yoga & ayurveda
“Ayurveda and Yoga both evolved out of a particular philosophical system called Sankhya, and they are both concerned with understanding the way in which awareness and matter interact. Ayurveda focuses especially on the basic way in which Consciousness manifests itself in matter; how can that awareness express itself most efficiently and most satisfyingly. Ayurveda focuses on sukha: on happiness, health, and creating good spaces, inside and outside the organism. And Yoga is more concerned with enhancing the ability of that organism to become transparent to the ultimate Awareness.”
~ Dr. Robert Svoboda
Principles for Integrating Yoga and Ayurveda
- Ayurvedic therapeutic theory recognizes Yoga as a class of therapy known as Sattva Vijaya which means the “victory of a balanced state of mind” and is part of Ayurvedic psychology. Yoga integrates many concepts from Ayurveda into its teachings, especially concerning prana, the life force, and the role of diet and lifestyle for supporting yoga practice.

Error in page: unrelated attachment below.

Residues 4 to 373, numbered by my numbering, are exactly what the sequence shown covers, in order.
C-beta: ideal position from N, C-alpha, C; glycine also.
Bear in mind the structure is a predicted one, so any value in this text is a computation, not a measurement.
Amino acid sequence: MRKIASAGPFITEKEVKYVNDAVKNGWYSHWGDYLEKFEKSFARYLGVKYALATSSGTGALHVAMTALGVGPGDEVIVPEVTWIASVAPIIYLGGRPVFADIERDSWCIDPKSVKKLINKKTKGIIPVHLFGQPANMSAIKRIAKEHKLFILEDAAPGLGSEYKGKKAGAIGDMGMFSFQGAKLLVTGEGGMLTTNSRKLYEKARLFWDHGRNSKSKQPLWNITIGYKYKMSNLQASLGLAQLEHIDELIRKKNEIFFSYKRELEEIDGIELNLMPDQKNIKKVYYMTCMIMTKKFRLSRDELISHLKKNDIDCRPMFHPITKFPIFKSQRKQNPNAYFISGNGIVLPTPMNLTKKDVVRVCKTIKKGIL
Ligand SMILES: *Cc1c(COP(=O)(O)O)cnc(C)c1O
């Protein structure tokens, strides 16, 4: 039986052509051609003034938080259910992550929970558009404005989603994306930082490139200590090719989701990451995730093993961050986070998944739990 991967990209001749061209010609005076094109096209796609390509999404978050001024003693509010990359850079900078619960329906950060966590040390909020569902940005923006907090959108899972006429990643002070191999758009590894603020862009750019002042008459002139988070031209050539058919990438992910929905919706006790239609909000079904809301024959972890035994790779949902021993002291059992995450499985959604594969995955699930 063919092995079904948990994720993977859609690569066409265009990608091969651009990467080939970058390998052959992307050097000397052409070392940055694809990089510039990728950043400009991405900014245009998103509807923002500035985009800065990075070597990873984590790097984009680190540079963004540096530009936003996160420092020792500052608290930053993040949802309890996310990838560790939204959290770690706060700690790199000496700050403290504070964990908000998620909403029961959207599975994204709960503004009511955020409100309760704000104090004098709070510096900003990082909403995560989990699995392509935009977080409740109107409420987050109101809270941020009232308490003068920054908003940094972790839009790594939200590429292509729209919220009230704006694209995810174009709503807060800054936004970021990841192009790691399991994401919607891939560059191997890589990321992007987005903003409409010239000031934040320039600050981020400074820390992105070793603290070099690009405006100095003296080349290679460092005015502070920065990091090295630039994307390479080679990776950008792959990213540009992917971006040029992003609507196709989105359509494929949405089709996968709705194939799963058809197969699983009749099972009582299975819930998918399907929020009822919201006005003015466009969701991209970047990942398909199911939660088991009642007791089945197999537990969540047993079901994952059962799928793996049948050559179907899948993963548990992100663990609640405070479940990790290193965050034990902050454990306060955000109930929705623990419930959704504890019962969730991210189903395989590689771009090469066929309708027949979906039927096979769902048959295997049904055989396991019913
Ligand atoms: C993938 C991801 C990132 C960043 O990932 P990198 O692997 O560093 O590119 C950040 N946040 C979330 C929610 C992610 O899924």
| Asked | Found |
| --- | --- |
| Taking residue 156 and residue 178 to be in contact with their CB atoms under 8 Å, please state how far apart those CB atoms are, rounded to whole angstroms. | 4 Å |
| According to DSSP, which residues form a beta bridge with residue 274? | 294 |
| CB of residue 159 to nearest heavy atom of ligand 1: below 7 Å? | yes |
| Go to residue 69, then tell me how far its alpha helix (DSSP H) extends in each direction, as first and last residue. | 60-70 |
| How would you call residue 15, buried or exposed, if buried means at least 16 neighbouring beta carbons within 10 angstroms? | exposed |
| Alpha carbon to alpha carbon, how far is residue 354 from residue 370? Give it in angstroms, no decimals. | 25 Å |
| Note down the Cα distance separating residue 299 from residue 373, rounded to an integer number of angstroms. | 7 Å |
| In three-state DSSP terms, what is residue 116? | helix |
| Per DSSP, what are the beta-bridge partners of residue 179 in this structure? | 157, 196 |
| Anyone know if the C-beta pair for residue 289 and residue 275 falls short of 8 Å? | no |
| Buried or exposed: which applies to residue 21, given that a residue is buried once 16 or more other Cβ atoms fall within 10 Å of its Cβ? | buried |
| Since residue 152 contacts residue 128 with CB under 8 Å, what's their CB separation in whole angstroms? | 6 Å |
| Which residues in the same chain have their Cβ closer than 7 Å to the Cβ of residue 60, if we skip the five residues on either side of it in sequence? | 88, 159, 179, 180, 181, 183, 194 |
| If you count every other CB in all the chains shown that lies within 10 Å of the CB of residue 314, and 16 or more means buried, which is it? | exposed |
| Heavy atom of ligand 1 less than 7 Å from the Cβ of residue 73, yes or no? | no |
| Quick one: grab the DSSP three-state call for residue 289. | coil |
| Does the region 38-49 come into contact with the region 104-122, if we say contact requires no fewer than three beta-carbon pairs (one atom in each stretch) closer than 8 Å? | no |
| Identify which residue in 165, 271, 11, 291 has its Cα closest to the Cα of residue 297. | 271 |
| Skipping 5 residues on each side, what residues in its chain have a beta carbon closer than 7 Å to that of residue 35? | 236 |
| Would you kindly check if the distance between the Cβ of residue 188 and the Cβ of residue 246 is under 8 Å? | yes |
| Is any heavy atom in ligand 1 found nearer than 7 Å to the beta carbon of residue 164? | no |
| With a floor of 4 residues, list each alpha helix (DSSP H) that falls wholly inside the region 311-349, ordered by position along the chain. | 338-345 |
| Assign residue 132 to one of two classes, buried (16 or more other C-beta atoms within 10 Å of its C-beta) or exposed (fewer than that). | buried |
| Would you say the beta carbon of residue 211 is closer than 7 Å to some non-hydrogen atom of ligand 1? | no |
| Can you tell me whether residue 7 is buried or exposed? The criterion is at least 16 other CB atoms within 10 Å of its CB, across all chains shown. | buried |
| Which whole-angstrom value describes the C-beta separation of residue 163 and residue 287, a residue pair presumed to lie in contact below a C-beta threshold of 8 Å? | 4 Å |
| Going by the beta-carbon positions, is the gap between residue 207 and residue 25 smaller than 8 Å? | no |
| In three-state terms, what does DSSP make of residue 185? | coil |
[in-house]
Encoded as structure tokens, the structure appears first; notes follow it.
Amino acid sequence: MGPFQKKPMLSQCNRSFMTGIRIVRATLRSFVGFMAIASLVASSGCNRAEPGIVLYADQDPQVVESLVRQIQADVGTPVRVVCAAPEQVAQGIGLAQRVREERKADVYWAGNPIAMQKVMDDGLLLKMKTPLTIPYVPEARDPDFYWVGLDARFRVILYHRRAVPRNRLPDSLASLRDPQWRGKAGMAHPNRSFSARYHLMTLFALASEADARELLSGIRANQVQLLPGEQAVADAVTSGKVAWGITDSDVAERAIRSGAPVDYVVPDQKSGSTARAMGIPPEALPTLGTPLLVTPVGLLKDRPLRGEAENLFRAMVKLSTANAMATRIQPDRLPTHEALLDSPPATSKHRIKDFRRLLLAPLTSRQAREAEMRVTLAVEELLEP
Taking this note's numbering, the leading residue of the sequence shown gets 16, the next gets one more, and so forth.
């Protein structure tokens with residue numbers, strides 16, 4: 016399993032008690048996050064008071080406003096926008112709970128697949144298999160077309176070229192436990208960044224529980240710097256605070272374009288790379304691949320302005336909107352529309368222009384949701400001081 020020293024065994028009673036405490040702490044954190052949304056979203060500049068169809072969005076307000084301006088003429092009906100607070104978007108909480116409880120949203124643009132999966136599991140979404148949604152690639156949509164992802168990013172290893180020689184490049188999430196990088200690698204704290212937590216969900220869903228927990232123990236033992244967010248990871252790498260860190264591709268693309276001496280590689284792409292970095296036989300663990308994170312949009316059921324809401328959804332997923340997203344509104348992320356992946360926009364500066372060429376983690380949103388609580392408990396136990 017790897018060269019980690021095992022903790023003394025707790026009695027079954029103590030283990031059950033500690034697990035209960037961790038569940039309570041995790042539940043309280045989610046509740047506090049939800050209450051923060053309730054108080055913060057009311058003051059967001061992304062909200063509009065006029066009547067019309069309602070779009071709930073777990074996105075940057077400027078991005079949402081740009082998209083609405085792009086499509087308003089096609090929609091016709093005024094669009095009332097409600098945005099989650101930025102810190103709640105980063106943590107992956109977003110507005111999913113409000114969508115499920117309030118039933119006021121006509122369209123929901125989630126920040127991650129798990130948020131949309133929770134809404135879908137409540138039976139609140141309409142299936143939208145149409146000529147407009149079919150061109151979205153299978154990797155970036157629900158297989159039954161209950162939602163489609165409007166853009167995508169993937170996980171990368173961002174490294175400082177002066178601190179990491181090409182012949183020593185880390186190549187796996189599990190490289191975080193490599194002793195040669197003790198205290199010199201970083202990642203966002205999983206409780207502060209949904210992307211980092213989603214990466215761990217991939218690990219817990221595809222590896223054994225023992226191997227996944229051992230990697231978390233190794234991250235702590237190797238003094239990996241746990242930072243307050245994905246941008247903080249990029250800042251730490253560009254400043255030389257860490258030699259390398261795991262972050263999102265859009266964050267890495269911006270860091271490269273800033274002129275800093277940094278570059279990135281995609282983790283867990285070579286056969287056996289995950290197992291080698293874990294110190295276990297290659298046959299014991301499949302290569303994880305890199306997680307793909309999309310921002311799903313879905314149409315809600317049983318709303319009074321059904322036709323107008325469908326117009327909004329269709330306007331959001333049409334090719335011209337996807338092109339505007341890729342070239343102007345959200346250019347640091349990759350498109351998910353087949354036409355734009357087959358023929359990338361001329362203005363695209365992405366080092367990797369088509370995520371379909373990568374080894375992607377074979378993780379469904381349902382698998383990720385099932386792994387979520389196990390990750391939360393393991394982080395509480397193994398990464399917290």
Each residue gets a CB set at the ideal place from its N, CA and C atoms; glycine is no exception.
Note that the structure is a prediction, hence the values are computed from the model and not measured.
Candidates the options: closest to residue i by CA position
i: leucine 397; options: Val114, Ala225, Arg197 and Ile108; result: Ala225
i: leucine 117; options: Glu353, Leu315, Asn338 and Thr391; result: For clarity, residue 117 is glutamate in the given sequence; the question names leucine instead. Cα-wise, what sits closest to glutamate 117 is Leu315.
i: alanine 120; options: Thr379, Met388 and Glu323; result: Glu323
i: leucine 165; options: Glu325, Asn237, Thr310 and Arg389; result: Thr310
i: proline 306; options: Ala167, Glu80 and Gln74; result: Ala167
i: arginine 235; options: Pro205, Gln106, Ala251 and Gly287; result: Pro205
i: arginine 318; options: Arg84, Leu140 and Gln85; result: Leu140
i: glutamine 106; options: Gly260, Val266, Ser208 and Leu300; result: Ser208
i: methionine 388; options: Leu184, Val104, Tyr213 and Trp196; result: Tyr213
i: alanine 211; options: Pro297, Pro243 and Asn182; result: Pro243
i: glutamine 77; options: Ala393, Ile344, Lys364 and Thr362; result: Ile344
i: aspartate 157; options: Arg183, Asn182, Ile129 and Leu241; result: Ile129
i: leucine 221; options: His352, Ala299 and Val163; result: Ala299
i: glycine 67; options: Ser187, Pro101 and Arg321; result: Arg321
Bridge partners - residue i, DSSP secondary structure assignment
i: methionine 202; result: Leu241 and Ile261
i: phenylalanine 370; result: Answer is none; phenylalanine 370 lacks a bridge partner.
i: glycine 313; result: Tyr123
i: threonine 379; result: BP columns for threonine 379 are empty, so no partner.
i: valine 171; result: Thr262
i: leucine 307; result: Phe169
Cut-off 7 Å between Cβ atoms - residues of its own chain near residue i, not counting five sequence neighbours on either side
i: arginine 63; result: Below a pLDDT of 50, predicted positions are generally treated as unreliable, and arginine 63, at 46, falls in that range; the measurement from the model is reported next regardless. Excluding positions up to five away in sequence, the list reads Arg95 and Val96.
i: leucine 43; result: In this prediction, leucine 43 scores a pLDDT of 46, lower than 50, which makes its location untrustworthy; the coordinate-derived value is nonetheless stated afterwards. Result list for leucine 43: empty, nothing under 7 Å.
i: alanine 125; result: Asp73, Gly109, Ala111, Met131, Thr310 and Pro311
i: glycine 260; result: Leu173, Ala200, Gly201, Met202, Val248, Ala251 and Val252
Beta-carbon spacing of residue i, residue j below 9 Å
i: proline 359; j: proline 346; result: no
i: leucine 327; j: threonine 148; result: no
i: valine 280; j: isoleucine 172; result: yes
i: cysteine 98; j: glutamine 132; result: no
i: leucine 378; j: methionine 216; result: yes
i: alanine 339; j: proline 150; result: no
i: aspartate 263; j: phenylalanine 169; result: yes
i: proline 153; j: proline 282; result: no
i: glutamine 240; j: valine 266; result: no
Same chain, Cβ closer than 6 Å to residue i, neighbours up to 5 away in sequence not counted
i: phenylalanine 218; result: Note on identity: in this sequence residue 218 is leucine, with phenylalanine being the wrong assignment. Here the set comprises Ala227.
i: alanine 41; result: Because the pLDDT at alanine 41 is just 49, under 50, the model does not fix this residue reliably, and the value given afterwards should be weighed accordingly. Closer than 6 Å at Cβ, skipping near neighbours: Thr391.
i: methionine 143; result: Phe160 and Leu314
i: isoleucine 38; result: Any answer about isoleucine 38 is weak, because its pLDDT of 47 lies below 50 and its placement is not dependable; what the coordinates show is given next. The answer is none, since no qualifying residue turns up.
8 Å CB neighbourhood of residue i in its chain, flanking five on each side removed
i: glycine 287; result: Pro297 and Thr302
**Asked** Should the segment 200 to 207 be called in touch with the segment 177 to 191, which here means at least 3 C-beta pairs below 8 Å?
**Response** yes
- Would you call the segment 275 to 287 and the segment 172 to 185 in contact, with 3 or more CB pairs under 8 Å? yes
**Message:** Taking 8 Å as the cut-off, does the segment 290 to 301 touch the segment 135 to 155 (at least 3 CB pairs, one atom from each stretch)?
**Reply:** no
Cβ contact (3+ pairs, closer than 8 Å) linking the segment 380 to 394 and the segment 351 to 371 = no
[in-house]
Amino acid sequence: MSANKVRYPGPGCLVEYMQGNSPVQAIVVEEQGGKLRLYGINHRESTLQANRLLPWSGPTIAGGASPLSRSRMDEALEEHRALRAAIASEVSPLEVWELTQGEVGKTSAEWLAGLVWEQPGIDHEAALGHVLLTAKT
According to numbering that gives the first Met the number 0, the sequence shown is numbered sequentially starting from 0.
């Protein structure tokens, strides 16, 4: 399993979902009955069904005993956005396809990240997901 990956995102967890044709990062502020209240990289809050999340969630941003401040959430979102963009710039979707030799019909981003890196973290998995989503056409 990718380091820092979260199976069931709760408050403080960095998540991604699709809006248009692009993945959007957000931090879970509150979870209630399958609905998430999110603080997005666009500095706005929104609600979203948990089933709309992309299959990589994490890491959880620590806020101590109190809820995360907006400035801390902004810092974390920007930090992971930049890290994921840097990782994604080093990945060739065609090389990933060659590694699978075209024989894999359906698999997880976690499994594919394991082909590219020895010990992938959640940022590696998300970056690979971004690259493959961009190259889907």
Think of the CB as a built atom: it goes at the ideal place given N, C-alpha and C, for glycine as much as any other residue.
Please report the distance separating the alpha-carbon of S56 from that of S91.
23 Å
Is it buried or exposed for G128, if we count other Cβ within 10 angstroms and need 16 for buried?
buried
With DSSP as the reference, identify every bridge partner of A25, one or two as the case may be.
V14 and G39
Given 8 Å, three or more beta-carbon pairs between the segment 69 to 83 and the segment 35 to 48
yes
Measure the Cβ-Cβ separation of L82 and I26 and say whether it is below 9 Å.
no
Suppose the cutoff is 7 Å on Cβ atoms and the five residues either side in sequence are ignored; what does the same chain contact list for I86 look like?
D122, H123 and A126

- Ayurveda focuses on defining our unique constitution (prakriti) and current physical and mental tendencies (vikriti) for the purpose of self-knowledge, self-healing, and ultimately, self-transcendence. Hatha Yoga views this harmony as the foundation for spiritual practice.
- Yoga and Ayurveda both seek to balance the flow of prana in our bodies. The proper flow of prana is essential for sukha, which literally means “good space,” but is more commonly described as a state of good health and happiness. Living a wholesome lifestyle, eating a balanced diet, and practicing yoga asana, pranayama, and meditation are the principle means for establishing sukha.
- The right choices for our lifestyle and Yoga practice should change depending on the time of the day, time of the year, time of life, and whatever imbalances are present in the moment. The current imbalances being the most important to consider.
- There are no “bad” or “wrong” choices for yoga practice, diet or lifestyle; there is only the discovery of patterns of balance and imbalance. Changing the way we practice any asana, pranayama, or meditation will change its effect on both body and mind.